On May 5, the UK Financial Services Authority (FSA) announced that it had fined Alpari (UK) Ltd., an online foreign exchange firm, £140,000 (approximately $210,000) for failing to have adequate anti-money laundering systems and controls. Its former money laundering reporting officer (MLRO), Sudipto Chattopadhyay, was fined £14,000 (approximately $21,000).

Between September 2006 and November 2008, Alpari failed to carry out the risk assessments of the money laundering and financial crime risks required under FSA rules. Alpari’s failures included:

  • failing to carry out satisfactory customer due diligence procedures at the account opening stage and inadequate monitoring of accounts—these were regarded as particularly serious, as Alpari’s customer base included those from higher-risk jurisdictions and its customer relationships did not operate on a face-to-face basis;
  • failing to have in place adequate systems for screening customers against UK and global sanctions lists and for determining whether customers were politically exposed persons; and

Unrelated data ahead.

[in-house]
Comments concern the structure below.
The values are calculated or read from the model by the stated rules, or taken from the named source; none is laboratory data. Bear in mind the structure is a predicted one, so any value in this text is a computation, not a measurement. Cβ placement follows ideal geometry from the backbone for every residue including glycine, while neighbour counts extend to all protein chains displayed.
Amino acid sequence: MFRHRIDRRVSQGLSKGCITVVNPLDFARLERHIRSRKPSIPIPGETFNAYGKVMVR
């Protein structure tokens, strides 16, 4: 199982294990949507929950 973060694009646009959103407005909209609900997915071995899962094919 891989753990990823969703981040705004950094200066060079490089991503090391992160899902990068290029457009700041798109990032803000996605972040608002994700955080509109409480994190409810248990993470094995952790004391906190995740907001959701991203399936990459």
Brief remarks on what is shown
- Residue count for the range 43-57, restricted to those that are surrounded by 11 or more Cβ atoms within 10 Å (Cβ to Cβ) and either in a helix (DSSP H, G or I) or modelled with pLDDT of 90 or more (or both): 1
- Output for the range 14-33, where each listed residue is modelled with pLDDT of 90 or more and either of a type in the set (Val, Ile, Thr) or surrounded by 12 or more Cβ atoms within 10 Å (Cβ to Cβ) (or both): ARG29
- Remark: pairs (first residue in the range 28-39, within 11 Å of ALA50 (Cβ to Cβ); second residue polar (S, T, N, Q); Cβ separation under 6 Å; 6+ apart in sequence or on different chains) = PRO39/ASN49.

• failing to expand its compliance and anti-money laundering function in line with an increase in its customer base from 400 to 11,500 live accounts.

As Alpari’s MLRO during this period, with responsibility for compliance oversight and money laundering reporting, Mr. Chattopadhyay was accountable for these breaches and was therefore also fined. He also gave an undertaking to the FSA that he will not, for three years, apply to be permitted to hold a compliance oversight or MLRO role.

Both Alpari and Mr. Chattopadhyay received a 30% discount applied to their fine for cooperating fully with the FSA investigation and agreeing to settle at an early stage. The FSA also took into account the fact that Alpari and Chattopadhyay had put in place a remedial action plan to address the failings.

Margaret Cole, the FSA’s Director of Enforcement, said: “The FSA expects firms to assess the financial crime risks to which they are exposed properly. The FSA also expects expanding businesses to commit sufficient resource to their compliance and anti-money laundering functions. Alpari failed to operate and maintain adequate money laundering systems and controls, leaving it open to the risk of financial crime.”

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